Positive Affect and Social Anxiety Across the Lifespan: An Investigation of Age as a Moderator.

Abstract

Recent literature has supported a moderate, inverse relationship between social anxiety and positive affect. It has been proposed, but not clearly established, that the inverse relationship between the constructs may be stronger in younger adults than in adults who are older. We tested this hypothesis in two archival data sets of community participants. The expected age-related interaction was not found in Study 1, which used a measure capturing a conflation of valence and arousal known as activated positive affect. Conversely, the interaction was present in Study 2, in which the positive affect measure was primarily based on valence. We found only partial support for the hypothesis, and results highlight the need for a more comprehensive measure of positive affect.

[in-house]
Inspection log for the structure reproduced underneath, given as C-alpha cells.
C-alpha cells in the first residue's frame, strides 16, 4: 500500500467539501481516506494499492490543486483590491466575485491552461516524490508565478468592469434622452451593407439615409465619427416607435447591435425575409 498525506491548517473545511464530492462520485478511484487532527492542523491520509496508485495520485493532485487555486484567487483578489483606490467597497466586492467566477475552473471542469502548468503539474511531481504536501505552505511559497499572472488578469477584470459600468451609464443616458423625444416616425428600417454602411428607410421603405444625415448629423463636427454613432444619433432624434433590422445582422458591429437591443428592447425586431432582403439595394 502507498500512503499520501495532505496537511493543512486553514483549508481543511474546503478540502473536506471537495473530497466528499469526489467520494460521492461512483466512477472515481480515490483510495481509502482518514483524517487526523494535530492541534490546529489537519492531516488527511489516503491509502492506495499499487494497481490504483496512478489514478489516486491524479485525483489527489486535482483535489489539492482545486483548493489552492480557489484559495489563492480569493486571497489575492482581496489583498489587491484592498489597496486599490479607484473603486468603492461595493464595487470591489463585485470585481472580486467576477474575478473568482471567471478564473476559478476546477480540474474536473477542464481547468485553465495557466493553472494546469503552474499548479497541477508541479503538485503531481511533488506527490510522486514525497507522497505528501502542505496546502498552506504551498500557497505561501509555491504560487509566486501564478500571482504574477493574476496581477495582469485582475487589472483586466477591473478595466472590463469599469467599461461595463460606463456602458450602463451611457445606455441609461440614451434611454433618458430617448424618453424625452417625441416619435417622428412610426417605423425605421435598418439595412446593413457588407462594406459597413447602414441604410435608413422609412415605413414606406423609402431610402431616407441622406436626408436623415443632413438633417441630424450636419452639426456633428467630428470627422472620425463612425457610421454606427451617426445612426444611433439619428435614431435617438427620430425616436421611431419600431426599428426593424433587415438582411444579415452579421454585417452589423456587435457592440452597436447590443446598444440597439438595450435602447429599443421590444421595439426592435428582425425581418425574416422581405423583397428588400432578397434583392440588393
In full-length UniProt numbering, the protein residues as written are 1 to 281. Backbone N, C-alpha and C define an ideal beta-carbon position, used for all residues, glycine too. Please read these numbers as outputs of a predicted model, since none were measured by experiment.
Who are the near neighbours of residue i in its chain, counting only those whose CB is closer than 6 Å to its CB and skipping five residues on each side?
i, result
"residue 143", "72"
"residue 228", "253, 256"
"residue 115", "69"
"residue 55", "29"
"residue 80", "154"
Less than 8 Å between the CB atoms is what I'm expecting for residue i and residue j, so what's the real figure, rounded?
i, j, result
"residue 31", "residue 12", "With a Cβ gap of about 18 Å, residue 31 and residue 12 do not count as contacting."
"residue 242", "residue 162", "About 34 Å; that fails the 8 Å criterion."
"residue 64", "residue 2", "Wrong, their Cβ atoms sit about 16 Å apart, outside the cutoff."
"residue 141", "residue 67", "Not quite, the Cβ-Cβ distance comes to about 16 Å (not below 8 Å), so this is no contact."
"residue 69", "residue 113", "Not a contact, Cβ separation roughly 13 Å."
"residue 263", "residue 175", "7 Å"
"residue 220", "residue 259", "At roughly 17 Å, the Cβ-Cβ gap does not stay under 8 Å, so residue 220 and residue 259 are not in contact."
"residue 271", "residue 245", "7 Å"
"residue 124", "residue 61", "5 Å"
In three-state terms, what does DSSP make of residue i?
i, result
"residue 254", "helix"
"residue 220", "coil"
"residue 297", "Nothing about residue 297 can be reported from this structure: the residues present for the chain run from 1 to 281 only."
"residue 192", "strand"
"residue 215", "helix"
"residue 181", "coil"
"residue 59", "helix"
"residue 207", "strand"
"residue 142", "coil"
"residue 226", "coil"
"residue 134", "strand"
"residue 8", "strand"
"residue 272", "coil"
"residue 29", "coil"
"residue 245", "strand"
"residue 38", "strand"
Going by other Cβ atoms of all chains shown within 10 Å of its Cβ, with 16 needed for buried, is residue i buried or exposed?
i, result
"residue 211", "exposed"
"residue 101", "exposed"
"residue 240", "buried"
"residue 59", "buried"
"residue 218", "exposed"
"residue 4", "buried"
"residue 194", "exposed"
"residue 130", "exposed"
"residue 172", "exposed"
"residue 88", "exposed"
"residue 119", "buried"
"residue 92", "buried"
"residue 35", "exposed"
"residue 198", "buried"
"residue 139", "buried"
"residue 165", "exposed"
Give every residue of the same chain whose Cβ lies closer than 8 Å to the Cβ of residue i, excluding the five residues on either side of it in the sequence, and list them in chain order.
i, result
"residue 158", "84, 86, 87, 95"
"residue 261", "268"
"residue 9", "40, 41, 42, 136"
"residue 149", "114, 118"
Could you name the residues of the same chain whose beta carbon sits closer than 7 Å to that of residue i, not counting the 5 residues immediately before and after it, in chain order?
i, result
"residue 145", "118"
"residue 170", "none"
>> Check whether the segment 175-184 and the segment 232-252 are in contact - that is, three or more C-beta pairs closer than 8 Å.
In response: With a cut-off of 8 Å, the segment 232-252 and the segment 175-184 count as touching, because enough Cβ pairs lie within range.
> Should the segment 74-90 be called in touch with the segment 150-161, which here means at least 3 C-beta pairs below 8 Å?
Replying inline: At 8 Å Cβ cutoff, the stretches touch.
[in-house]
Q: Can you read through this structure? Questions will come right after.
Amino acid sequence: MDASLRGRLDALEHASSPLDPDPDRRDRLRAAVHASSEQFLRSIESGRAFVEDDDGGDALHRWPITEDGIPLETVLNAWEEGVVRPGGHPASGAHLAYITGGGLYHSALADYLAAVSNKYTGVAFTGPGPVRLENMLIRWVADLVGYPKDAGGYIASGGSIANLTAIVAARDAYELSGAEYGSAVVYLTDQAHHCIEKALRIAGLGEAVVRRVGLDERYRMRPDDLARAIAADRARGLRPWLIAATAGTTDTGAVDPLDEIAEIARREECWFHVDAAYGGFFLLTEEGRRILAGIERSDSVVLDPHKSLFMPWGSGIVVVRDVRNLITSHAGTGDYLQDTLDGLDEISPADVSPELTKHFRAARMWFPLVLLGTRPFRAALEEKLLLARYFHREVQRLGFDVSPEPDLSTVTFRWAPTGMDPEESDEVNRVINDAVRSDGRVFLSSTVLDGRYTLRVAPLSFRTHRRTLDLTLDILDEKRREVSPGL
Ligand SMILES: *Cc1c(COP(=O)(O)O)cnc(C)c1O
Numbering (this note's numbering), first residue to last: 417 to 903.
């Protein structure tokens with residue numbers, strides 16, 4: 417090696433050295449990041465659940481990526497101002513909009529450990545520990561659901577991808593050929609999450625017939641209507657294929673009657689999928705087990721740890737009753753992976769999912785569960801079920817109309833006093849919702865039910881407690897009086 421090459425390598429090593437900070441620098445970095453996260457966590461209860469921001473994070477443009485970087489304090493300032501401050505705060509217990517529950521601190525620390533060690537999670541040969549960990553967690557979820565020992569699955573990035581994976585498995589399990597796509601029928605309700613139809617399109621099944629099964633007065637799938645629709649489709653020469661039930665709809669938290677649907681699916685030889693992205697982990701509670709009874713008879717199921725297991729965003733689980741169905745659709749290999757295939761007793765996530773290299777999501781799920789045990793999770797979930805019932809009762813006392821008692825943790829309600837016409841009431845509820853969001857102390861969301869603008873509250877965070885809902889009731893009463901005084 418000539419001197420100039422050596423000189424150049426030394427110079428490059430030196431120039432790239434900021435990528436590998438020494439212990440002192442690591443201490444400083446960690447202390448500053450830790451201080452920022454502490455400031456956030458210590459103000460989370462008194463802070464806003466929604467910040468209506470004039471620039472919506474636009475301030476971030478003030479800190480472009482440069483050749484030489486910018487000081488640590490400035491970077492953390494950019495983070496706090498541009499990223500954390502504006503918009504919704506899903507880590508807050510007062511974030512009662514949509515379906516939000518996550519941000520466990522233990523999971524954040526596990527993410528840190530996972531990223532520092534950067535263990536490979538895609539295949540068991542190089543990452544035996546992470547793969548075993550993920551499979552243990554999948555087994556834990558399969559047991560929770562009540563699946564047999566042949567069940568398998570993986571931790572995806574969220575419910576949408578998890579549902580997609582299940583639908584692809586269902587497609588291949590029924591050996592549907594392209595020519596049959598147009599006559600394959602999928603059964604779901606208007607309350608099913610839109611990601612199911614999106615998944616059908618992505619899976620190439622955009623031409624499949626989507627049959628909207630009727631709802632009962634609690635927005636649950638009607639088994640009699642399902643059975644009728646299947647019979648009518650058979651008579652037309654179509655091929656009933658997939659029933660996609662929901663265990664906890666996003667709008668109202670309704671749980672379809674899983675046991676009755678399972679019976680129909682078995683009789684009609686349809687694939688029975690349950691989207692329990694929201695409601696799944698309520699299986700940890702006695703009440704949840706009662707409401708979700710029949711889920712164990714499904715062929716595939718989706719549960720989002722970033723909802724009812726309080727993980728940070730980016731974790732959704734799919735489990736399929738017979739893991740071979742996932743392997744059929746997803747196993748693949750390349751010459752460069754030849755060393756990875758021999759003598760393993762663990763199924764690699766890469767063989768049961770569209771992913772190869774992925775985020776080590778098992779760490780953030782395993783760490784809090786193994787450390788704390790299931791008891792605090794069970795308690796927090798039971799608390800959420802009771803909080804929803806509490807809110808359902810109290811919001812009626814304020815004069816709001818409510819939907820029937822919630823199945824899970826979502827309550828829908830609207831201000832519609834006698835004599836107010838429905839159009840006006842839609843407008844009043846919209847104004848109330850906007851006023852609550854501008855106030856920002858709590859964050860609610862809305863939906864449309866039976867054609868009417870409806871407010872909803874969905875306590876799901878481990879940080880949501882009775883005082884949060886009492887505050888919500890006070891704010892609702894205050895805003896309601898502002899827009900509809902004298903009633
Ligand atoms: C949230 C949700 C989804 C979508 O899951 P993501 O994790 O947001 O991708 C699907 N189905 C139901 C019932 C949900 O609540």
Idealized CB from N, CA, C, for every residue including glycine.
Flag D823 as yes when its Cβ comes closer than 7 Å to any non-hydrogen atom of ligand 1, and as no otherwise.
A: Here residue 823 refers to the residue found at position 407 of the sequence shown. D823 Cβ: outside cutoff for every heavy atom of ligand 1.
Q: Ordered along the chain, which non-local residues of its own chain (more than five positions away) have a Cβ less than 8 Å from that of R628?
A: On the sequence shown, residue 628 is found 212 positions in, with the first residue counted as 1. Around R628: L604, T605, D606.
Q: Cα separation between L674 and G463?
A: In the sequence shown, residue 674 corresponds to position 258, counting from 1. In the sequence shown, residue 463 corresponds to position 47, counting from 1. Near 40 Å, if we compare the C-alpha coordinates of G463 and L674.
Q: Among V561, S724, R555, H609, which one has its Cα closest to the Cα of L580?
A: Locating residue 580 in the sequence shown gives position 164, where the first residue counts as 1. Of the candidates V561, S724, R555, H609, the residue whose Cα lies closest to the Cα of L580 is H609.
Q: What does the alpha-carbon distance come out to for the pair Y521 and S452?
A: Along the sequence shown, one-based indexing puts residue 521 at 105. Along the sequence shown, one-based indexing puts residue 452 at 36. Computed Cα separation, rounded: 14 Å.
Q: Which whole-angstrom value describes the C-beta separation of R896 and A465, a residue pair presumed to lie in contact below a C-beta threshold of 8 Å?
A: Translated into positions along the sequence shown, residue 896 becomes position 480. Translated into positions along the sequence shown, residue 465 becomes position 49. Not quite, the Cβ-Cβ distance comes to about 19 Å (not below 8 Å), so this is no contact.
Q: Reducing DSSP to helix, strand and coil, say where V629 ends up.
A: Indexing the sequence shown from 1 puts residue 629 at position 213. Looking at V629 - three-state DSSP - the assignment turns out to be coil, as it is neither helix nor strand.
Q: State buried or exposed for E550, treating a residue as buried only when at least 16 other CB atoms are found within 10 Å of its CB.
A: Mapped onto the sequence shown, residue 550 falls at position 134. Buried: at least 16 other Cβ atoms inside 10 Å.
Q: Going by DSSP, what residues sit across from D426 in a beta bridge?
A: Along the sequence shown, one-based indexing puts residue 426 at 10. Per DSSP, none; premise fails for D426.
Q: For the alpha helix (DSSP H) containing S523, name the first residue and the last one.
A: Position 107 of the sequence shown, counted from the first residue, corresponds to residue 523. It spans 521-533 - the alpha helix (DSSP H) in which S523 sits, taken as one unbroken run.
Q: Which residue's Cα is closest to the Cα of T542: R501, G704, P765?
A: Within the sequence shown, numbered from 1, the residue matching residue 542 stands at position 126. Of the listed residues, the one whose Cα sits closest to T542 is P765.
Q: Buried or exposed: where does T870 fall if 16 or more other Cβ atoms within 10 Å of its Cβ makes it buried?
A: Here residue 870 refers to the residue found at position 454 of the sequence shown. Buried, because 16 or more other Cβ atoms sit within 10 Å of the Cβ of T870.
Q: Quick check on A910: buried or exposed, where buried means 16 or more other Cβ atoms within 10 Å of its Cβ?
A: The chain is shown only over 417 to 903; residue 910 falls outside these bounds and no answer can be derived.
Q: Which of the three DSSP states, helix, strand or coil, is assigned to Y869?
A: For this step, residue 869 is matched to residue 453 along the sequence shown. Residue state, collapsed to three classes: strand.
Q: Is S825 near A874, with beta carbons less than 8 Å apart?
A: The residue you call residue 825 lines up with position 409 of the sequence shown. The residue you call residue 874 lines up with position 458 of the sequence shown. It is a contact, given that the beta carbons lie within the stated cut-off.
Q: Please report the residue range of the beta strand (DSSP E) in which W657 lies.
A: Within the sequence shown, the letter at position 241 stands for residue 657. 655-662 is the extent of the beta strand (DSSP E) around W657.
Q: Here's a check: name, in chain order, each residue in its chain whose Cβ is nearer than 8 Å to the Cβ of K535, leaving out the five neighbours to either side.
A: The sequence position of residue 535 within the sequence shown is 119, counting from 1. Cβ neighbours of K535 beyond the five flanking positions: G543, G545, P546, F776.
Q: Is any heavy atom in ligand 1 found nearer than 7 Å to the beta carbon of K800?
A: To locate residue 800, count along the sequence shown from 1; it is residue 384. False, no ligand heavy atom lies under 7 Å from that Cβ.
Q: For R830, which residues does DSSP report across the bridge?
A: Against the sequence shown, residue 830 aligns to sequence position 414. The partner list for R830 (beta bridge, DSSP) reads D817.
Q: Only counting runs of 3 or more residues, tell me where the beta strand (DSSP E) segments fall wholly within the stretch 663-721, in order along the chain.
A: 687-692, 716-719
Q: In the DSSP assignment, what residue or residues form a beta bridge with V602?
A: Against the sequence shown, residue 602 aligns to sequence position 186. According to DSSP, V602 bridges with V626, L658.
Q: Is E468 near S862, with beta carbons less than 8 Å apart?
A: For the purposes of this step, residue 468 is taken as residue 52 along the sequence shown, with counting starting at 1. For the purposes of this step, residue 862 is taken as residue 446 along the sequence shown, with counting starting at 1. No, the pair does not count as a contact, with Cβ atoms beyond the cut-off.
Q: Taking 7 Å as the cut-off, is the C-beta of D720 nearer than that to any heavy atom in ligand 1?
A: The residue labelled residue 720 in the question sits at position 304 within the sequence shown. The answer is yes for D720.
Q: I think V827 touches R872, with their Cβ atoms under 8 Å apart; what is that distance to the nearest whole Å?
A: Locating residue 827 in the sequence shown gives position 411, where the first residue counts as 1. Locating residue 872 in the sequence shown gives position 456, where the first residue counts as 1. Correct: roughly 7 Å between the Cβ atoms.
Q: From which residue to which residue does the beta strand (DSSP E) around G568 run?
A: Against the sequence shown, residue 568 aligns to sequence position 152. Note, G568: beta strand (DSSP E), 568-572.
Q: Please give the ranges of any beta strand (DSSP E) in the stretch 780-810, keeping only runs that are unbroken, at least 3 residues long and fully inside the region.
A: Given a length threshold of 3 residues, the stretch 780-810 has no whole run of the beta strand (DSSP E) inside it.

Cite this paper

@article{Weisman2015PositiveAA, title={Positive Affect and Social Anxiety Across the Lifespan: An Investigation of Age as a Moderator.}, author={Jaclyn S Weisman and Thomas L. Rodebaugh and Patrick J. Brown and Elizabeth Anne Mulligan}, journal={Clinical gerontologist}, year={2015}, volume={38 1}, pages={1-18} }